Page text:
UK Virtual Herbarium - a pilot project
Will you join Kew's quest to unlock the information hidden behind the closed doors of our Herbarium cupboards?
Concealed within Kew’s collections is a wealth of knowledge about the world’s plant diversity, including important clues to the changing fate of different species over time. My name is Sally King and I am currently studying for a BSc in Biology at the University of Bath. During a year’s placement at Kew, I have been helping to pilot a ‘crowd-sourcing’ approach to specimen digitisation, which may hold the key to a step-change in access to Kew’s data.
During this pilot project we have focused on the digitisation of herbarium specimens of UK plants. Digitisation is helping to turn Kew’s vast collection of dried plant specimens into a 21st century online resource accessible to scientists, historians and plant-lovers across the world.
Working with the Herbaria@Home initiative of the Botanical Society of the British Isles (BSBI), my project uses the help of volunteers to digitise a selection of Kew’s preserved plant specimens collected in the UK and Ireland. Whether you are an academic, a keen gardener or just somebody with some time on their hands and a willingness to help, this is an opportunity for you to join in and support Kew’s valuable work. Read on to find out more.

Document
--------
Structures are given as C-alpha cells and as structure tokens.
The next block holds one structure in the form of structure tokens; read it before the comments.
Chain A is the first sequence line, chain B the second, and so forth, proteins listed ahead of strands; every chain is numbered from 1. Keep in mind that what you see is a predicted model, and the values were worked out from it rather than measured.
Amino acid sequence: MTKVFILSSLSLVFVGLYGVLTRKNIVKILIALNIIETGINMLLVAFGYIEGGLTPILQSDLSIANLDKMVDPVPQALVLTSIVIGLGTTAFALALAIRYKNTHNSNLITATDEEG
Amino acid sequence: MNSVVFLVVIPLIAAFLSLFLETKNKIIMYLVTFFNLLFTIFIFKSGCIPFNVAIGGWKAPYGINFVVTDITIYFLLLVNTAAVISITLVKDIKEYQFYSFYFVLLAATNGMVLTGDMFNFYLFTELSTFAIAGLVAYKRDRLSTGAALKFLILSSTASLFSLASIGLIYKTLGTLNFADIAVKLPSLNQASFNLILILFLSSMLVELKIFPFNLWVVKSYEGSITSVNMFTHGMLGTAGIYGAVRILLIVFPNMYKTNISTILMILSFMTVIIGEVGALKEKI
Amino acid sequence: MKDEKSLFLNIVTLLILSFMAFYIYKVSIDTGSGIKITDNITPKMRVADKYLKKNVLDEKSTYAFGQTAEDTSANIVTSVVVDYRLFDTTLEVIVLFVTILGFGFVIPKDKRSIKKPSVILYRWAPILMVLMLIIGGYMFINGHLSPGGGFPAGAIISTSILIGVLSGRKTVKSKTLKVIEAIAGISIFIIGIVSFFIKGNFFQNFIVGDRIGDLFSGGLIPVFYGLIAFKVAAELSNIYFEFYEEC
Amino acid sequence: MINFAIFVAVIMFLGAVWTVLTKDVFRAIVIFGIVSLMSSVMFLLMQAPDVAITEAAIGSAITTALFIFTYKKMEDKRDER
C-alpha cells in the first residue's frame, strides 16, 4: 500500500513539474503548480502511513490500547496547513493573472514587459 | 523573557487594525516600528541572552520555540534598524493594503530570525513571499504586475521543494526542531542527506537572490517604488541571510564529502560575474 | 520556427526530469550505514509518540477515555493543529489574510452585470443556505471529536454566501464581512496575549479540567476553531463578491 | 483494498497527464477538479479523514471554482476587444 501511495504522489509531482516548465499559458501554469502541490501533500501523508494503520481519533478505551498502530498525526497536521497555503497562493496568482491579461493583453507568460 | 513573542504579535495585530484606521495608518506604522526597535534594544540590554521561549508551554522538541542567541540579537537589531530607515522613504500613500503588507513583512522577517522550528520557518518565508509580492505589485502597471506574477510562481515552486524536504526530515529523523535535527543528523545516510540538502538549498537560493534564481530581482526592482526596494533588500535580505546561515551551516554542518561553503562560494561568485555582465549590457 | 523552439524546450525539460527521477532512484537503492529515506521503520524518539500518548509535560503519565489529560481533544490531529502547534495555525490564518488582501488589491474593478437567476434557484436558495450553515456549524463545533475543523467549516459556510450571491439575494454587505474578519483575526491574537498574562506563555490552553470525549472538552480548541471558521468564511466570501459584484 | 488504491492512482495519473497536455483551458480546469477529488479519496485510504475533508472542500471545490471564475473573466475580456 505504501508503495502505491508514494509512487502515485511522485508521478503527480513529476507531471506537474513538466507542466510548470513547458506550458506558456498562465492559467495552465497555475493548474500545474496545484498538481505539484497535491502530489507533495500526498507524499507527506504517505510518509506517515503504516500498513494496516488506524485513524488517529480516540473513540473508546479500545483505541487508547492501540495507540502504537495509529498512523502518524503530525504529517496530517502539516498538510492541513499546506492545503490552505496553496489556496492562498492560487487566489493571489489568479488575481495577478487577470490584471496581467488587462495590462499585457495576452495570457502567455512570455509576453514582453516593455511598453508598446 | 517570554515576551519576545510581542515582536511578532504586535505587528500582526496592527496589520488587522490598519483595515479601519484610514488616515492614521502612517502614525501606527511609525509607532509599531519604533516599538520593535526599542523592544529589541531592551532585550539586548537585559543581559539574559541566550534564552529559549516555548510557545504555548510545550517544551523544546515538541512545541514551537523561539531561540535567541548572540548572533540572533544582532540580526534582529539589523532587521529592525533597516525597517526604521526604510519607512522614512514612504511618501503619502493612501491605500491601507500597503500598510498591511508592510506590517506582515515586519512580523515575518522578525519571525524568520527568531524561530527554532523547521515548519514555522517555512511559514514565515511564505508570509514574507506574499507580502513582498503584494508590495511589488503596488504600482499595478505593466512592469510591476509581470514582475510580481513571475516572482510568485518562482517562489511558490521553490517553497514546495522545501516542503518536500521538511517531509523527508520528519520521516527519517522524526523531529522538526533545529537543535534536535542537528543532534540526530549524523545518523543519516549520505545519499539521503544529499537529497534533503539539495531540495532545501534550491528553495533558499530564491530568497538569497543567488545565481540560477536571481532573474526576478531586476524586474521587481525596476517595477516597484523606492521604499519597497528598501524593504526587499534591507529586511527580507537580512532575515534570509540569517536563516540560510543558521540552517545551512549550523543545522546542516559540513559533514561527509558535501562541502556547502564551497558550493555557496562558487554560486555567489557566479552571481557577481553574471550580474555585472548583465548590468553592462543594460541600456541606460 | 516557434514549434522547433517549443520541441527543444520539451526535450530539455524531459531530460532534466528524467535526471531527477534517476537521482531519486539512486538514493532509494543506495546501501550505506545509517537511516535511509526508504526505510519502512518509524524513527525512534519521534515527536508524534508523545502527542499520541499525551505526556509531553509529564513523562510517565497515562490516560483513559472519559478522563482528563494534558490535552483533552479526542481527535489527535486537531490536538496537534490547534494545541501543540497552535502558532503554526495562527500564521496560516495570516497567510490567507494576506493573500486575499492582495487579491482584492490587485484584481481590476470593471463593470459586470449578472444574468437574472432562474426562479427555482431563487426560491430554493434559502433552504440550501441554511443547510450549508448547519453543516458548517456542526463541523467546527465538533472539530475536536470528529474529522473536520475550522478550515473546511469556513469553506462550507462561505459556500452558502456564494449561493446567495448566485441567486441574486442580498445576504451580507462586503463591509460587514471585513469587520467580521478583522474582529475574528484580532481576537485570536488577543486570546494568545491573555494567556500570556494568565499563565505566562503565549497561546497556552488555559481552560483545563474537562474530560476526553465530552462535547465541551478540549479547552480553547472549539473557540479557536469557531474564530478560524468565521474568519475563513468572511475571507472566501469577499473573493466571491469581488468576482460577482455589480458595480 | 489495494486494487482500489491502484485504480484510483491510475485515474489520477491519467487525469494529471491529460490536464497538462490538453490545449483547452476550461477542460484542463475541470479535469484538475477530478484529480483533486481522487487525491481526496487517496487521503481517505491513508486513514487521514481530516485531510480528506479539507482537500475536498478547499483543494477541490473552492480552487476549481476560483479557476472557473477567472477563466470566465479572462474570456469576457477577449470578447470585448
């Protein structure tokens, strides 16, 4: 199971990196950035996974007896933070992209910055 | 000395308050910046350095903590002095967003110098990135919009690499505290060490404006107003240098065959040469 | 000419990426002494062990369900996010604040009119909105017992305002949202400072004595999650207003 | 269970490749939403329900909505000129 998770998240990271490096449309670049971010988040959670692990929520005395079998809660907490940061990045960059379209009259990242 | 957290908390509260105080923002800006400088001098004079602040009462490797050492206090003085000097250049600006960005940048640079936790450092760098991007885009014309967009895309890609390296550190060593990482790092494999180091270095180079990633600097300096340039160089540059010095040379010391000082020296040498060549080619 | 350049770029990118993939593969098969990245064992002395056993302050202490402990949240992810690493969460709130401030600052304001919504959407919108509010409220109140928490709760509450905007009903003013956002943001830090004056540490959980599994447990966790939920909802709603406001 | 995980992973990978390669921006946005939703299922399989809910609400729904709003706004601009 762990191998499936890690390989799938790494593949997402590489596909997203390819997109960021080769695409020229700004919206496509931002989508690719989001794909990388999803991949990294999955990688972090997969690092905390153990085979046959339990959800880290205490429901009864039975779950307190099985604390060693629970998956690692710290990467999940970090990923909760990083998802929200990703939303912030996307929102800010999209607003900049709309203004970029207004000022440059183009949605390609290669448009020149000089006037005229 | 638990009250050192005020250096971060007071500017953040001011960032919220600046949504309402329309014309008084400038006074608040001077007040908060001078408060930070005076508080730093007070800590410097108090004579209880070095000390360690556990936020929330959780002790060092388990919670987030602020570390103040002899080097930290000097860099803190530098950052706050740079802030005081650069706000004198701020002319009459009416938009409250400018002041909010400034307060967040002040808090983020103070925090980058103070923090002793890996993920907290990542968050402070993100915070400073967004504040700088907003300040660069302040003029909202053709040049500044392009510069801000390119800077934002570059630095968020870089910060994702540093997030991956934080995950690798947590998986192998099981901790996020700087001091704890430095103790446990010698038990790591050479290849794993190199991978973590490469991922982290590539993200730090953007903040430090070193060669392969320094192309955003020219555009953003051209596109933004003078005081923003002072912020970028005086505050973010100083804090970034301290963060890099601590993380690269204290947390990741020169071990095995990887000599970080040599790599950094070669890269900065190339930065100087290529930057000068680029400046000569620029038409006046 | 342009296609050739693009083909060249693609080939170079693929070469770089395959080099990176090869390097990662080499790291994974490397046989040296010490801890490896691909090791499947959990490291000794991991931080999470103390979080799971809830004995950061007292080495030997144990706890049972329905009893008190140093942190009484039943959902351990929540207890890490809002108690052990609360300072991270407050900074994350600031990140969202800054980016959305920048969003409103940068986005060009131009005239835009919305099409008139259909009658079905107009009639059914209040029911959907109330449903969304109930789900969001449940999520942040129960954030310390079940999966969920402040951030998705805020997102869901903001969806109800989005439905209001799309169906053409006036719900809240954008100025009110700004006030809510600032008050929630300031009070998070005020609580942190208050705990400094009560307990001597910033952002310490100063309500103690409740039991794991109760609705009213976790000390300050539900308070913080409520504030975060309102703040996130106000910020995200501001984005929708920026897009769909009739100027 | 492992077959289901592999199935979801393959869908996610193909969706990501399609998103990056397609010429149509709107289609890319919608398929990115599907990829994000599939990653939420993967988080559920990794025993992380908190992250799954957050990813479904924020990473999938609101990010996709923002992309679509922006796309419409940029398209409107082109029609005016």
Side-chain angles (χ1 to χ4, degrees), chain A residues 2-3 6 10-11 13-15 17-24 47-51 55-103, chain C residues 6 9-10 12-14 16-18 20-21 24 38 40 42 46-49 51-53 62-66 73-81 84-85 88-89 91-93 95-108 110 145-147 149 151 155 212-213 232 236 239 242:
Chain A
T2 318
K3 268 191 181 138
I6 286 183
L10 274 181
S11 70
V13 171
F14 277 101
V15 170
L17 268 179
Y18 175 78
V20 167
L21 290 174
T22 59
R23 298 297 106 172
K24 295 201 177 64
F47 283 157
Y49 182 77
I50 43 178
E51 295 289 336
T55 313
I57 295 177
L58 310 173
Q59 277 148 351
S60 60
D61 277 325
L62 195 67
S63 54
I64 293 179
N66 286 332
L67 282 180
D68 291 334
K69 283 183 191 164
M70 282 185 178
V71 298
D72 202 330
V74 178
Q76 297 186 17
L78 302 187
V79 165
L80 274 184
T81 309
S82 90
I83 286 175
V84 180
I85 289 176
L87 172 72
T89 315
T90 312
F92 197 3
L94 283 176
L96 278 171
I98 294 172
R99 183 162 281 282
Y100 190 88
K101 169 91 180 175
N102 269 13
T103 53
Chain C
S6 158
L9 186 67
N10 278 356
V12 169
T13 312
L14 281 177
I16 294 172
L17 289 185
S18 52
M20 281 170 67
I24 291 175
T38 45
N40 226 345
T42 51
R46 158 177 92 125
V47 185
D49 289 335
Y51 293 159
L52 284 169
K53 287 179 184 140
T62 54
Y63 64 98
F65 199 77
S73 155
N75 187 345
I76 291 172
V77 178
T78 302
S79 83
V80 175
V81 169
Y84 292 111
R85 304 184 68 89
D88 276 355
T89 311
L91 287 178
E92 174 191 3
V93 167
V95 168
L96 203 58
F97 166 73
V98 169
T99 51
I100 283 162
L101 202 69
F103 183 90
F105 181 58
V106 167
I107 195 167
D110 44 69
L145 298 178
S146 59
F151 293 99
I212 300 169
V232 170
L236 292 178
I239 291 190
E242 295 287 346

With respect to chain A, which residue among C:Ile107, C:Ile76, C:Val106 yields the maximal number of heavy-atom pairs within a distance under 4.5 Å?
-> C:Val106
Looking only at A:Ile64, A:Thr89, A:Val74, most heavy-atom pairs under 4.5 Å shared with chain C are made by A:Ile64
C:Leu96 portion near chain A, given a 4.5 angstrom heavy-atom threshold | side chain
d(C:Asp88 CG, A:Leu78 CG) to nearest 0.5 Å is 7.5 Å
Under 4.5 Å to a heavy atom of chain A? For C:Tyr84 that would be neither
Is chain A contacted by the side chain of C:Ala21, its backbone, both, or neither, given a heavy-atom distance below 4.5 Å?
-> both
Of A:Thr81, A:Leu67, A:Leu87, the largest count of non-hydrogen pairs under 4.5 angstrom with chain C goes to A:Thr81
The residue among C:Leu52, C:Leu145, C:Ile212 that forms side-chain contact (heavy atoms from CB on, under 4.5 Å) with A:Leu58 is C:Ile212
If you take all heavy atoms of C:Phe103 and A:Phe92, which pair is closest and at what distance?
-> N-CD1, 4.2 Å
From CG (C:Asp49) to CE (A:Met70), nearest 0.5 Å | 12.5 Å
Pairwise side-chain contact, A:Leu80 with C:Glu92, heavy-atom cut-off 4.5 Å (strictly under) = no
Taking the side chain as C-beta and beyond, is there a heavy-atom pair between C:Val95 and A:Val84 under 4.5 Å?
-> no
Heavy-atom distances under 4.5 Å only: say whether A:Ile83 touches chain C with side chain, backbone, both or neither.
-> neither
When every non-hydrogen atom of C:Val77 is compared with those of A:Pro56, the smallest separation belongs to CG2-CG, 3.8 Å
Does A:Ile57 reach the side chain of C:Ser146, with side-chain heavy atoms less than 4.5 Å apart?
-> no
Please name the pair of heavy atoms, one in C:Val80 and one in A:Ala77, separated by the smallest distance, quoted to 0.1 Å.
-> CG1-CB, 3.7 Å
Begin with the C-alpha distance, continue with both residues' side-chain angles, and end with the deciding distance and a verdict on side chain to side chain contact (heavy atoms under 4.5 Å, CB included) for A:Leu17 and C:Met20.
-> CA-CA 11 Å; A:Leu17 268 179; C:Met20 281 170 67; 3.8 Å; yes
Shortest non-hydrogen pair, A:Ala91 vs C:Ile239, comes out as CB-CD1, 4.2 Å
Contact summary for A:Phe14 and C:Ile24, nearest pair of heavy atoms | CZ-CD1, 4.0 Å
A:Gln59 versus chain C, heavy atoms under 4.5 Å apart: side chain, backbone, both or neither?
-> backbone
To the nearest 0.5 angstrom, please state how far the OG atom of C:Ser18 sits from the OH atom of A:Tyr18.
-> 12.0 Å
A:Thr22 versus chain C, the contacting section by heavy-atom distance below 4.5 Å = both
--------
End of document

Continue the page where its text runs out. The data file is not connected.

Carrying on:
Kew’s Herbarium collection
It has been estimated that Kew’s Herbarium houses around 400,000 plant specimens collected within the British Isles, including many collections by reputed Kew botanists such as Charles E. Hubbard and William B. Turrill. From this dauntingly large collection, we needed to select a group of species that could be digitally imaged within a year. With this in mind, and looking to support the plant conservation community, we decided to focus on 50 species selected by the Botanical Society of the British Isles (BSBI) for their Threatened Plants Project. These 50 species - as the name of the project suggests - were identified as threatened in The Vascular Plant Red Data List for Great Britain or else little was known at the time about their current distribution and status. The BSBI project aims to increase our understanding of these species, helping us to conserve them for future generations.
Kew's Herbarium specimens are carefully catalogued and stored for reference
For further details of three of the chosen plant species, take a look at the species pages that I have created during my placement (click on the green links below). These pages illustrate the varied and fascinating nature of our native threatened plant species, and highlight some of the ways that Kew is working to help protect them for the future:
A group of Neotinea ustulata photographed by D.M. Turner Ettlinger on Salisbury Plain
Detail of a herbarium specimen of Cuscuta epithymum (clover dodder)
A photograph of Hordeum marinum taken in Lagos, Portugal by Júlio Reis
(Image: Wikimedia Commons)
Why are herbarium specimens important for conservation?